Anglophone Problem: Wouri Chiefs Show Solidarity With Fako

 They jointly called for the resumption of schools and continuation of dialogue with trade unions.

Some chiefs of the Wouri division yesterday paid a courtesy and working visit to their counterparts of the Fako Division. Speaking on the occasion the head of delegation, chief Jean Yves Bebe Manga Bell said the people of Littoral and the South West are brothers who were separated by history, saying their visit was prompted by the social unrest reigning in the two English speaking Regions of Cameroon. “You do not sleep while your brother’s house is on fire”, he said, adding that they had come to see how they could contribute in solving the problem.
The chief of Batoke, Molive Mulongu Otto who hosted the meeting in his palace in Batoke, corroborated the view that people from Fako and Wouri are brothers who belong to one ethnic group, Sawa. To buttress his argument, he said chiefs of Fako are usually invited to the traditional annual feast of the Sawa known as Ngondo. He disclosed that the chiefs of Buea, Limbe and Douala signed the treaty that led to the annexation of Cameroon.
Concerning the Anglophone problem, the chiefs jointly expressed support for government’s action to restore peace in the two English speaking Regions of Cameroon. To manifest the closeness between the two peoples, convivial conversation was in the mother tongue, French and English.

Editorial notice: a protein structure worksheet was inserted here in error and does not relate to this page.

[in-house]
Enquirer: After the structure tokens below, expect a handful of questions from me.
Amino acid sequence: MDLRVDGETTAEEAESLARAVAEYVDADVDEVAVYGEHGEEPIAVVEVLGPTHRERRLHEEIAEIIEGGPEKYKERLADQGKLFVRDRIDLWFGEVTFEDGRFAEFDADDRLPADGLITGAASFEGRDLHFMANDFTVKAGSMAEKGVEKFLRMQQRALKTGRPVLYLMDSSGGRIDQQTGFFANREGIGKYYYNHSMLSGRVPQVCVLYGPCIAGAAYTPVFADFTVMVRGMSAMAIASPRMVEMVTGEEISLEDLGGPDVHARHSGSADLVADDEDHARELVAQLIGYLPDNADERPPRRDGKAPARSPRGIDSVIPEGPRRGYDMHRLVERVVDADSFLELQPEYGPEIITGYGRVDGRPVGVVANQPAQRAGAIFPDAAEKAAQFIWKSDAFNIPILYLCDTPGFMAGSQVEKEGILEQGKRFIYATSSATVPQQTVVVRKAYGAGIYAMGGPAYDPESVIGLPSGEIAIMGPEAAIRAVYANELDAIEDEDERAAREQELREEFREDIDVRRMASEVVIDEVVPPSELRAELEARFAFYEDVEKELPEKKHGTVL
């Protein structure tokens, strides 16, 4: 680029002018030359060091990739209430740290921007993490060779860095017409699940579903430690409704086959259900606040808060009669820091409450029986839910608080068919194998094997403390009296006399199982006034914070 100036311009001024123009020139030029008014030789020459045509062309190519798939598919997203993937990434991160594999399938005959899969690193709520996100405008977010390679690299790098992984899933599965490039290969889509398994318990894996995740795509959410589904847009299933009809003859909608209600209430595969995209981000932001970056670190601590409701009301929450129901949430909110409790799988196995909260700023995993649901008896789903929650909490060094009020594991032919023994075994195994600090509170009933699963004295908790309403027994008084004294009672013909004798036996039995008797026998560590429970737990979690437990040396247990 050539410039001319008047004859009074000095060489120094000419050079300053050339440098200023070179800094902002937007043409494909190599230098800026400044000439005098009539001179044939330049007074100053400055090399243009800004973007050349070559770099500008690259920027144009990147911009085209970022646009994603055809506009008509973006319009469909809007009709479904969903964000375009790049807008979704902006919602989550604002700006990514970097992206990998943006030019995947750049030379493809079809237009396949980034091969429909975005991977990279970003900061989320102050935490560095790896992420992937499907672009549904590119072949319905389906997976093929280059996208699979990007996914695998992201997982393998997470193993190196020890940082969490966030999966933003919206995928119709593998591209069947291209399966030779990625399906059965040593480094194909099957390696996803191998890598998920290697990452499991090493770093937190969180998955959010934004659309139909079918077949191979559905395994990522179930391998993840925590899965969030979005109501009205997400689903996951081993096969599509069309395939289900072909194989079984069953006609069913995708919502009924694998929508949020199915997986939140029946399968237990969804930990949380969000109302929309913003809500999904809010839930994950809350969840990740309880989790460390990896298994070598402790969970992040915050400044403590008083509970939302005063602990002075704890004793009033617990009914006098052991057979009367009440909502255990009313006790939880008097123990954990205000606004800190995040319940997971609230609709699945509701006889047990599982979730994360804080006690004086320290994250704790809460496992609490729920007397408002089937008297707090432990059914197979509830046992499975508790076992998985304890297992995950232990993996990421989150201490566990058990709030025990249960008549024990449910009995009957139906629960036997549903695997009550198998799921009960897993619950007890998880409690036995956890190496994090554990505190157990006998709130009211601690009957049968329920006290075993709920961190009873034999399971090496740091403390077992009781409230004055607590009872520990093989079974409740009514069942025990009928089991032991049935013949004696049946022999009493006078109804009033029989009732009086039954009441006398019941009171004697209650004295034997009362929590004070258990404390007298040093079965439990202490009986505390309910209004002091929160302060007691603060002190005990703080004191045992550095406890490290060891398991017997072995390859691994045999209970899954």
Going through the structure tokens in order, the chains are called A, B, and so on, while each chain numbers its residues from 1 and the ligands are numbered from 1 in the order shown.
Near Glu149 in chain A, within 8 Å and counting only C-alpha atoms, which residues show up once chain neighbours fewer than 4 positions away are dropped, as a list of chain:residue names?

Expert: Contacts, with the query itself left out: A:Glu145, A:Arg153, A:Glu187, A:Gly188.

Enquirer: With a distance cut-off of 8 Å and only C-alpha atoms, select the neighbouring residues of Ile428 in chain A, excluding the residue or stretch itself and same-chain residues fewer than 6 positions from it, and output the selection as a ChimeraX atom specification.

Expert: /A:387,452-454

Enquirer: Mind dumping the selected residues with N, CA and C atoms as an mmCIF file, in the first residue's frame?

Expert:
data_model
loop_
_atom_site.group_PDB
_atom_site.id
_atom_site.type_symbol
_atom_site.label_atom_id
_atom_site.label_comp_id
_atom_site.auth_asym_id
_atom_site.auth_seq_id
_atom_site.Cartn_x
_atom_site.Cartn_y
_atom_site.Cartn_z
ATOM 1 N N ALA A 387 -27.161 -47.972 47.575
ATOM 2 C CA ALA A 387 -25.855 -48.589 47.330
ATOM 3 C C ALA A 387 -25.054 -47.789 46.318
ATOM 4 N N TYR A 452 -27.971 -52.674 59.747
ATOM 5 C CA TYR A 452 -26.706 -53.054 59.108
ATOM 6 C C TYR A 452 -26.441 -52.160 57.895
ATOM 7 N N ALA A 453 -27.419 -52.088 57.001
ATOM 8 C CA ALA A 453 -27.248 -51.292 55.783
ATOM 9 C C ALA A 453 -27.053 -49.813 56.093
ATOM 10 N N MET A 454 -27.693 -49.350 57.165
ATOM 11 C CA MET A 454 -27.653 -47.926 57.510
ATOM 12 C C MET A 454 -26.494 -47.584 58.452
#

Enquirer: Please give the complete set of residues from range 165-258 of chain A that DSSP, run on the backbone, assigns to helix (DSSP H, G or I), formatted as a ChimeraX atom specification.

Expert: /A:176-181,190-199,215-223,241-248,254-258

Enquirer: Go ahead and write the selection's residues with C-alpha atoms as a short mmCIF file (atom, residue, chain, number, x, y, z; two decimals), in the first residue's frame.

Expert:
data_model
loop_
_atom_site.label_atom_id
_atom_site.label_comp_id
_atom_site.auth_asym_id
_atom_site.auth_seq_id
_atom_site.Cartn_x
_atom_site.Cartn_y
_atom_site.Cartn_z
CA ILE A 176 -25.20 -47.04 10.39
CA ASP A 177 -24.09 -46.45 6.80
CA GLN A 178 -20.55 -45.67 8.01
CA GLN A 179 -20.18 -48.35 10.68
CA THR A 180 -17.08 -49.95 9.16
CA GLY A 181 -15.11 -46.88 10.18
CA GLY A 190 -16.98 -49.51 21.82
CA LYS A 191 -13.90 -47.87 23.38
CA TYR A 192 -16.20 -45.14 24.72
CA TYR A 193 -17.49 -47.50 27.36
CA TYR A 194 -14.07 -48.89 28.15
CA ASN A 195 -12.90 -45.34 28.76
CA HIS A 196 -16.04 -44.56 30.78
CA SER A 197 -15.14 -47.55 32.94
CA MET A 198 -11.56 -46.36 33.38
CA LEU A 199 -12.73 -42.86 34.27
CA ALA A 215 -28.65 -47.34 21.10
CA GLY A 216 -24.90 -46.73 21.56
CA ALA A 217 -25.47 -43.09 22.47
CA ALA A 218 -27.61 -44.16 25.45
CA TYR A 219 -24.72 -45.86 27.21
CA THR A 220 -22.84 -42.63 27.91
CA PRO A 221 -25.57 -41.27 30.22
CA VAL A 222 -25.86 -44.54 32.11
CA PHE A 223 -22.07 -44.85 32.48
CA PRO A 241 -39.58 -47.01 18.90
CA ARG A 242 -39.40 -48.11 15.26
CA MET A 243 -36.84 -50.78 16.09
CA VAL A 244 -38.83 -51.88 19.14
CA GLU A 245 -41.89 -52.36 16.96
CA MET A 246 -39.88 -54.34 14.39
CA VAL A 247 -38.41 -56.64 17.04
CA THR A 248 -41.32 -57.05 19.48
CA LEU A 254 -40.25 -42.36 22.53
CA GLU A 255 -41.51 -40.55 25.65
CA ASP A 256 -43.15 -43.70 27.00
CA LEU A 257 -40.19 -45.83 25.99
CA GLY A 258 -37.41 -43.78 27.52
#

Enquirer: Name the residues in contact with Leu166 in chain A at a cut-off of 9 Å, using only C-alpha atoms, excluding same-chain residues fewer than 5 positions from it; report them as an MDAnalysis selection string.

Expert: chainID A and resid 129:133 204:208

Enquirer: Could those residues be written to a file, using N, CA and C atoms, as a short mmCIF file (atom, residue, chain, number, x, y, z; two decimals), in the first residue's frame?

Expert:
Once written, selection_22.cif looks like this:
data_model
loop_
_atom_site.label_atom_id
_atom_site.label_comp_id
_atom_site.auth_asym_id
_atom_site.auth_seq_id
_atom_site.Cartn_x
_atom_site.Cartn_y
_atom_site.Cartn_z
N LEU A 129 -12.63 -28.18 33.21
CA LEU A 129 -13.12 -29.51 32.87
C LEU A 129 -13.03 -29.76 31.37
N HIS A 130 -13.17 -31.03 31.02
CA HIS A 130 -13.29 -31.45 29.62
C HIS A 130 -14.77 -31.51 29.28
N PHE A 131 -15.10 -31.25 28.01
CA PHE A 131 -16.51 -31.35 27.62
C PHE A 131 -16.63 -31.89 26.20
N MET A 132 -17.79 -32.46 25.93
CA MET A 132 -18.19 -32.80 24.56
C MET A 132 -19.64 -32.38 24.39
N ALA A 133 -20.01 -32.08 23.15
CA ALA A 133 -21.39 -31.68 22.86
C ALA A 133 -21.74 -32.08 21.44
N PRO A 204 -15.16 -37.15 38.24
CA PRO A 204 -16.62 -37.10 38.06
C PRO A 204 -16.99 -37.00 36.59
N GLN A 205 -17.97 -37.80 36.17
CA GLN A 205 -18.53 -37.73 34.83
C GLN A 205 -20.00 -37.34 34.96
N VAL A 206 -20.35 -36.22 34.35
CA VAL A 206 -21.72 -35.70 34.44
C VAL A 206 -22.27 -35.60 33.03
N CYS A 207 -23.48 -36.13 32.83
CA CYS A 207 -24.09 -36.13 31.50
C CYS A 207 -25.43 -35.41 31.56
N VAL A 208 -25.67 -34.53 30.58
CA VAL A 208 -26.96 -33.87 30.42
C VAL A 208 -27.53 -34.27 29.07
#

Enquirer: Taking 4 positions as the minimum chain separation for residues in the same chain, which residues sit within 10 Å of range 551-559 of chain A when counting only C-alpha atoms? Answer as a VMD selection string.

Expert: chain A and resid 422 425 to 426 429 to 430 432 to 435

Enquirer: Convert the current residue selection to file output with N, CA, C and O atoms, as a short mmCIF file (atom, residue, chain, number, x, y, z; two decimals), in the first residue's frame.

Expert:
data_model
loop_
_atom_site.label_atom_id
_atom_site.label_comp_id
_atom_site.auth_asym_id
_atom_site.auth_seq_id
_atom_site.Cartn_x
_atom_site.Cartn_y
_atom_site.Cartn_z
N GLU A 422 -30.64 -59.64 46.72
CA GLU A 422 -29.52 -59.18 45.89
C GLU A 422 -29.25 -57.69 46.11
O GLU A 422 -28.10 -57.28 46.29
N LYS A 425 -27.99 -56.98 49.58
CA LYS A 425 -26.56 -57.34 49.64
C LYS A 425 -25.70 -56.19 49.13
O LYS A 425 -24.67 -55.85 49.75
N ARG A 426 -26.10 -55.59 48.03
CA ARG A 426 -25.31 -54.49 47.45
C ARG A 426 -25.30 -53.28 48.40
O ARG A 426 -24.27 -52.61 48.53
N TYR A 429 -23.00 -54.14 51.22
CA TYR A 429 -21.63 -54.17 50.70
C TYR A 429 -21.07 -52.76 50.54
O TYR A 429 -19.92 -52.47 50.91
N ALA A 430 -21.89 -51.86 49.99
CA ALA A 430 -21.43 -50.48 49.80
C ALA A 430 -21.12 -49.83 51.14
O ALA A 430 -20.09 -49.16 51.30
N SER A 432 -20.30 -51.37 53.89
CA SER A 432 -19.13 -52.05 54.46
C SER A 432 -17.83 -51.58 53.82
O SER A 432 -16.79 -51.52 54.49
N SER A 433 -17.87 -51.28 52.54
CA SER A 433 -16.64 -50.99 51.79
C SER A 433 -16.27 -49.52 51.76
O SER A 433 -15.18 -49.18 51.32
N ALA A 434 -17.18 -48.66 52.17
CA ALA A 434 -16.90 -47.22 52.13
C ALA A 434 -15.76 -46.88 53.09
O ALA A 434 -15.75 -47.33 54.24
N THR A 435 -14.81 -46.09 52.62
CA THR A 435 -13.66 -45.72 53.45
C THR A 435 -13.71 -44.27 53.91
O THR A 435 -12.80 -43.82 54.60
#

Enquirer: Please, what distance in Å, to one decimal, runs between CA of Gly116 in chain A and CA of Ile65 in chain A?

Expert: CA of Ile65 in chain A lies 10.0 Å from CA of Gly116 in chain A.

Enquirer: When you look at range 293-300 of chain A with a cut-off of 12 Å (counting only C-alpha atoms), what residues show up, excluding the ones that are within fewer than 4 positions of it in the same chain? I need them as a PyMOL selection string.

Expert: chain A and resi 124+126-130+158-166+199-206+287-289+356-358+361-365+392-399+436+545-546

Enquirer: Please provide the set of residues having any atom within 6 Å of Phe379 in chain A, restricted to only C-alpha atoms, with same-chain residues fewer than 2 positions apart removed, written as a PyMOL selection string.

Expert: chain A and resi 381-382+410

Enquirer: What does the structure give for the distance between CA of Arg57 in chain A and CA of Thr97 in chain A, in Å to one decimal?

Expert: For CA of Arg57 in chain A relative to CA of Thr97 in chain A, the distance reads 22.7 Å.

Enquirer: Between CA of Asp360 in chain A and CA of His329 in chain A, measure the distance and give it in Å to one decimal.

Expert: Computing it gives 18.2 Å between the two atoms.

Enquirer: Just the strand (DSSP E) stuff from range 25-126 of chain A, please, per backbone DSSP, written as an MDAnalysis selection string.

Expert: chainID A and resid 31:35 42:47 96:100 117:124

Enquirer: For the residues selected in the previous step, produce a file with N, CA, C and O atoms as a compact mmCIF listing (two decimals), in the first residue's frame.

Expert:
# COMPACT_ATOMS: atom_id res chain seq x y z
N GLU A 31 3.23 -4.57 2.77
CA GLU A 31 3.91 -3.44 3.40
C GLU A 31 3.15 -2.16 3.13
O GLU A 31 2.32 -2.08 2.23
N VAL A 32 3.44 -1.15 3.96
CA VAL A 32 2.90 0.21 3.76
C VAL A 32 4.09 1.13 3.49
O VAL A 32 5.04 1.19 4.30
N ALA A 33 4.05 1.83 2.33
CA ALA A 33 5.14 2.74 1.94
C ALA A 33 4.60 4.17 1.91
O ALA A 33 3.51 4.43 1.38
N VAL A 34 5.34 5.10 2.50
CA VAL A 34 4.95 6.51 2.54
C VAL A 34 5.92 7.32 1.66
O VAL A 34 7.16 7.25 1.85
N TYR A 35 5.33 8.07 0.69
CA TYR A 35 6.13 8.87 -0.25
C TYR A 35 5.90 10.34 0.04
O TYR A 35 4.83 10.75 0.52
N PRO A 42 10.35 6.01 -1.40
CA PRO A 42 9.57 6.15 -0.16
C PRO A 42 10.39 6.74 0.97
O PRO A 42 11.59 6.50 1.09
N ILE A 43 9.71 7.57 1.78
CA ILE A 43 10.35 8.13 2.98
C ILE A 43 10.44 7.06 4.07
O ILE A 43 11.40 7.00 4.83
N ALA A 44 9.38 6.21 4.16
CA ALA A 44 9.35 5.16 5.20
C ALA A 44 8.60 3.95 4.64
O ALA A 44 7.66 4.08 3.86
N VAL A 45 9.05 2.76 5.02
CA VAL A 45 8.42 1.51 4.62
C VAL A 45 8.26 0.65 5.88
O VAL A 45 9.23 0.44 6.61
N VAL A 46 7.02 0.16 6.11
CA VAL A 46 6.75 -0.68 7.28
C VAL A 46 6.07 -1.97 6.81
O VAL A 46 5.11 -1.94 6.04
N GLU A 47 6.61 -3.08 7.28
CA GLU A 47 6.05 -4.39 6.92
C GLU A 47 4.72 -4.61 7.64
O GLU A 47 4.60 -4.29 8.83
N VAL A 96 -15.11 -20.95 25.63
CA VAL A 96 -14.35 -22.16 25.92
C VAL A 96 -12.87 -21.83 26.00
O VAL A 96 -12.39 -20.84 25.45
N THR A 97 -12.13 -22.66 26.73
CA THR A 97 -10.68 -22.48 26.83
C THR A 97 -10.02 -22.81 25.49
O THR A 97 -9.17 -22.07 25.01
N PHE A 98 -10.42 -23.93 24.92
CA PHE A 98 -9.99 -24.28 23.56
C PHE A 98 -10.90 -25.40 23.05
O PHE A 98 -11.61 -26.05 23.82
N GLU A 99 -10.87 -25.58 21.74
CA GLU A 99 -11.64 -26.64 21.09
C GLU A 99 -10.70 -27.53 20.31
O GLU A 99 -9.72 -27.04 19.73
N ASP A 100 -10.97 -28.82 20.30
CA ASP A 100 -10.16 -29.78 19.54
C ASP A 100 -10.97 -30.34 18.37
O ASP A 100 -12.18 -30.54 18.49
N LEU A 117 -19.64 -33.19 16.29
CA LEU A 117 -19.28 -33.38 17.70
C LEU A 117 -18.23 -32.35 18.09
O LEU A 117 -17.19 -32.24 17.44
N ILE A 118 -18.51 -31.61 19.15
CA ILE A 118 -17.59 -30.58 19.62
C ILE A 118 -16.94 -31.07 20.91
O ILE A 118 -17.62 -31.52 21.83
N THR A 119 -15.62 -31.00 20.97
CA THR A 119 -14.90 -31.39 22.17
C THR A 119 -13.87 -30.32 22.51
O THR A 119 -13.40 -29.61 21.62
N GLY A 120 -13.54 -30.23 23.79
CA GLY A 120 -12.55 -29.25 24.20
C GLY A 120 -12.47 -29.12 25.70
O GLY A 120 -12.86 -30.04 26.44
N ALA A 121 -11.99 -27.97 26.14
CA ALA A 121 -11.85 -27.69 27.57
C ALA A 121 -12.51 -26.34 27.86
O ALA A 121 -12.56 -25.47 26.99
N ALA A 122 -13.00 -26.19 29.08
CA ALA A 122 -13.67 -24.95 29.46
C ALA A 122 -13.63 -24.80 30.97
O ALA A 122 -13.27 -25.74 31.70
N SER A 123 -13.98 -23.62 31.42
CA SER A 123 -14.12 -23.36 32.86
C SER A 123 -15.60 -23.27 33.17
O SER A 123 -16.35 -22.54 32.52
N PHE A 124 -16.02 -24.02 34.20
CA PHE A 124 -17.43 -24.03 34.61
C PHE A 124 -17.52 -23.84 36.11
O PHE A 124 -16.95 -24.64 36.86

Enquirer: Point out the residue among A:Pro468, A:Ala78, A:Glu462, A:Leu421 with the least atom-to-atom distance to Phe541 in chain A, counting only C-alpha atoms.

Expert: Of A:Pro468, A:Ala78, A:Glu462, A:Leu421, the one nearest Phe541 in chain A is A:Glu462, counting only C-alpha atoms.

A final declaration at the end of the meeting called for the resumption of schools so as to avoid students missing a whole academic year. Lawyers were also urged to go back to the courts. They also urged government to continue dialogue with the lawyers and teachers trade unions in view of finding a long lasting solution to the problems presented. They called on cooperation to be involved in the peace process and saluted the creation of the Commission on Bilingualism and multiculturalism as a means of bridging the gap between Anglophones and Francophones. They reiterated the call for the government to speed up the decentralisation process urging government to protect minorities especially in cosmopolitan areas. The traditional rulers pledged to continue meeting regularly and to work for peace in Cameroon.
 

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